• Be careful with how you market those mythological flood narratives, people get picky about them.  Quote: “Aronofsky said recently that he had won a battle with executives to screen his own version of Noah in cinemas after around half a dozen alternate cuts failed to find traction with evangelical filmgoers. Now a new profile of the film-maker in The New Yorker details the desperate lengths to which Paramount went to court religious audiences in the US, who had earlier turned their noses up at a test screening of Aronofksy’s edit. ‘In December, Paramount tested its fifth, and ‘least Aronofskian’, version of Noah: an 86-minute beatitude that began with a montage of religious imagery and ended with a Christian rock song,’ reveals the profile.”

That’s it for now! Feel free to discuss any of these links in the comments, some of these I may expand into longer posts as needed.

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Jason Pitzl-Waters

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  • Hecate_Demetersdatter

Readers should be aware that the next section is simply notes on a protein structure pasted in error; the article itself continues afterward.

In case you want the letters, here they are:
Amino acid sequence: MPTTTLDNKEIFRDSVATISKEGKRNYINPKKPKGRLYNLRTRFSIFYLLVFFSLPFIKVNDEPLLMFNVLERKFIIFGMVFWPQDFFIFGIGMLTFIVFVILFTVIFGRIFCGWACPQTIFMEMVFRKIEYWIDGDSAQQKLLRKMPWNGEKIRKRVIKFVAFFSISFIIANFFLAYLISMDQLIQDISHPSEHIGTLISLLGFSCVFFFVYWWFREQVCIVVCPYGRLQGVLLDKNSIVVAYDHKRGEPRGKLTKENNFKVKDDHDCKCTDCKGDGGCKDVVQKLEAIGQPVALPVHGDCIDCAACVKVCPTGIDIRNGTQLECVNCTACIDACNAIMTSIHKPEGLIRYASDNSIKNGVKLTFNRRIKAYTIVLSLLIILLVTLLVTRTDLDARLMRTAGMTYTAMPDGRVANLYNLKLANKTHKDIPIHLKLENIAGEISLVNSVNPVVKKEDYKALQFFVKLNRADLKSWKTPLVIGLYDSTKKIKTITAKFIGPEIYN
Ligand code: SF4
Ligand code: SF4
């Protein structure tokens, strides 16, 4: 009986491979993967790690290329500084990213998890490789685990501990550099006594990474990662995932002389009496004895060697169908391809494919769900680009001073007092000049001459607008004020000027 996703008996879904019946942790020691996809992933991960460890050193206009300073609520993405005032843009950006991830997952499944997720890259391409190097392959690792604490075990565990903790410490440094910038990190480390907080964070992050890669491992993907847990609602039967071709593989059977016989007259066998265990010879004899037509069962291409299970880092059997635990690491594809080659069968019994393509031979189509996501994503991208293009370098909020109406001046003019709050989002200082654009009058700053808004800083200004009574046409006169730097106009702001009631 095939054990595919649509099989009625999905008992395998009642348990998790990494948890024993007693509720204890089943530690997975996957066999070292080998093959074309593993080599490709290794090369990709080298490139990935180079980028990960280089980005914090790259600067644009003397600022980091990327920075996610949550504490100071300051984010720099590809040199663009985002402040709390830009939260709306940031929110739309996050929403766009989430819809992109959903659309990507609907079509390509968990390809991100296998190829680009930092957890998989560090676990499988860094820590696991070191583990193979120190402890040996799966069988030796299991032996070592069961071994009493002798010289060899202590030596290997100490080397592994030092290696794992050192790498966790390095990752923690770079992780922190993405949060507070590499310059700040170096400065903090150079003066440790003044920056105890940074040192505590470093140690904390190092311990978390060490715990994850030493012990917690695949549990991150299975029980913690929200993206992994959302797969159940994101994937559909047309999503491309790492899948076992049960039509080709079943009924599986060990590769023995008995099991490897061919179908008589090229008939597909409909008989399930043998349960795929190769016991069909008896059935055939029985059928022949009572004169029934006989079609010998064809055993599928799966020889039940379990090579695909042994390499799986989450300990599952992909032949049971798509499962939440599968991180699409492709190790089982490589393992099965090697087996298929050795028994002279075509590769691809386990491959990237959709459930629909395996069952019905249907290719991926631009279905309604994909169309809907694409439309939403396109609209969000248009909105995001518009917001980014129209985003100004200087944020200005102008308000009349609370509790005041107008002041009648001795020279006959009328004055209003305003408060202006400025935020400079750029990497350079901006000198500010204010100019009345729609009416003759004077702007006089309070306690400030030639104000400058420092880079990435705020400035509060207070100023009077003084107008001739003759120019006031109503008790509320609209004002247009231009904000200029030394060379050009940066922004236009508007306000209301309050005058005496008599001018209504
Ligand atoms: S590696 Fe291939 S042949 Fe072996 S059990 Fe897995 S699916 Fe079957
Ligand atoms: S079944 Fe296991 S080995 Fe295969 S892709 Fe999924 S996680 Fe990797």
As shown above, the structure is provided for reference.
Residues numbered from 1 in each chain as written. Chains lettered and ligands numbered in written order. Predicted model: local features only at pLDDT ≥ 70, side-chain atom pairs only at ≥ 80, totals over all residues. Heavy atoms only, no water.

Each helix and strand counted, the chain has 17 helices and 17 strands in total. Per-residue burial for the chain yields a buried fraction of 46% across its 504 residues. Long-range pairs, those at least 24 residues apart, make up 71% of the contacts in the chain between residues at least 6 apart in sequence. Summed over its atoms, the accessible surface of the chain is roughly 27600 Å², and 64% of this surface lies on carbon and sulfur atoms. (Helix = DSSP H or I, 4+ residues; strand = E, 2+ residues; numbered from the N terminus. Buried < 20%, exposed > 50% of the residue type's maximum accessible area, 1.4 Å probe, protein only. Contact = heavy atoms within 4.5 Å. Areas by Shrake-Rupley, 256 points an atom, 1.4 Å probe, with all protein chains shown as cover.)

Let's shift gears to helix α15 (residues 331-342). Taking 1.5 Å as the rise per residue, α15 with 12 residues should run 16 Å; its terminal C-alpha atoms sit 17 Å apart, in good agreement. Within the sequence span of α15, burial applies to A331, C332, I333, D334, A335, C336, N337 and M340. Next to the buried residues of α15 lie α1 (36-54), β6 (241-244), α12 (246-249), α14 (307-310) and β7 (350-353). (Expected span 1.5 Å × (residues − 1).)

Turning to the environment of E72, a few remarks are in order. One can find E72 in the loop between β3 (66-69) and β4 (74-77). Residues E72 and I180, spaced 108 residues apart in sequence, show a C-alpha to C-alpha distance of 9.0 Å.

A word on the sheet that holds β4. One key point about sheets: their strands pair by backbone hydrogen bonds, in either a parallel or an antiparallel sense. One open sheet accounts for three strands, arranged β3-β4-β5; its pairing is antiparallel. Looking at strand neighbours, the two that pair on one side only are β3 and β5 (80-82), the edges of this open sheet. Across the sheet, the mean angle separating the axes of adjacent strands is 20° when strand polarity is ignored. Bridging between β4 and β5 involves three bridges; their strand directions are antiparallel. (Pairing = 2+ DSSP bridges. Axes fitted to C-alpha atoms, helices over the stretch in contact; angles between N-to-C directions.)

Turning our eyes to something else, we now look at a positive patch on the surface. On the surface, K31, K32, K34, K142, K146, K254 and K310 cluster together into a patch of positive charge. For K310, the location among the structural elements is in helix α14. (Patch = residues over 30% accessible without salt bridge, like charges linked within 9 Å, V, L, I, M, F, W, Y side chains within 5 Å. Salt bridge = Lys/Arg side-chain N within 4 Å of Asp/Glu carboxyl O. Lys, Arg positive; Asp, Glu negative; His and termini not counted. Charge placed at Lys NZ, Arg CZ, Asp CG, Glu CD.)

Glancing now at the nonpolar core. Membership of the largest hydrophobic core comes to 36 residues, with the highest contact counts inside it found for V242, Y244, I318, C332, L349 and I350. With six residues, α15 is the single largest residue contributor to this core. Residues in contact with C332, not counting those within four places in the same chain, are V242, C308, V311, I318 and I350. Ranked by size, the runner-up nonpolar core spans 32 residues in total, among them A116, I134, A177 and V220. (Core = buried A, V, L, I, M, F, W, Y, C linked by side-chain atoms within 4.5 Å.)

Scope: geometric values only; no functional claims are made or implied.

“University of Tasmania sociology associate professor Douglas Ezzy said ritual was central to all pagans. He said paganism, like Christianity, was separated into various denominations according to their traditions and beliefs, for example witches, wiccans, druids, heathens, and Greek or Roman reconstructionists who follow the corresponding gods and goddesses.”

    I think it’s time to start using “[sic]” when people capitalize “Christianity” but don’t capitalize “Pagan.” The above quote makes the discrimination even more clear than is often the case. Would the professor discuss various Christian denominations using small letters: “for example catholics, baptists, lutherans, methoists, and Greek orthodox . . . .”? And to capitalize “Christianity” but not capitalize “Paganism” when they are in the same sentence and being compared to each other is discriminatory and rude.

    • Lēoht “Sceadusawol” Steren

      I picked up on the same paragraph. However, I find something even more insulting than misuse of capital letters:

      Is
      Christianity a denomination of Judaism? If not, then how is Heathenry,
      Druidry or Wicca a “denomination of Paganism”? Comparing Christianity to
      the entirety of Paganism (and friends) is a false equivalence.

      There is more diversity under the Pagan Umbrella than under the Abrahamic one.

      • AnantaAndroscoggin

        I always thought that Christianity was a Jewish Heresy.

      • Crystal Hope Kendrick

        A friend of mine gave one of the most apt comparisons when asked if Paganism was like Christianity with different denominations. She replied, “No, they’re more like letters of the alphabet.” I thought that was a great answer.

        • Lēoht “Sceadusawol” Steren

          Paganism is more a collection of religions with (sometimes) similar priorities an denominations within a single religion.

          • Crystal Hope Kendrick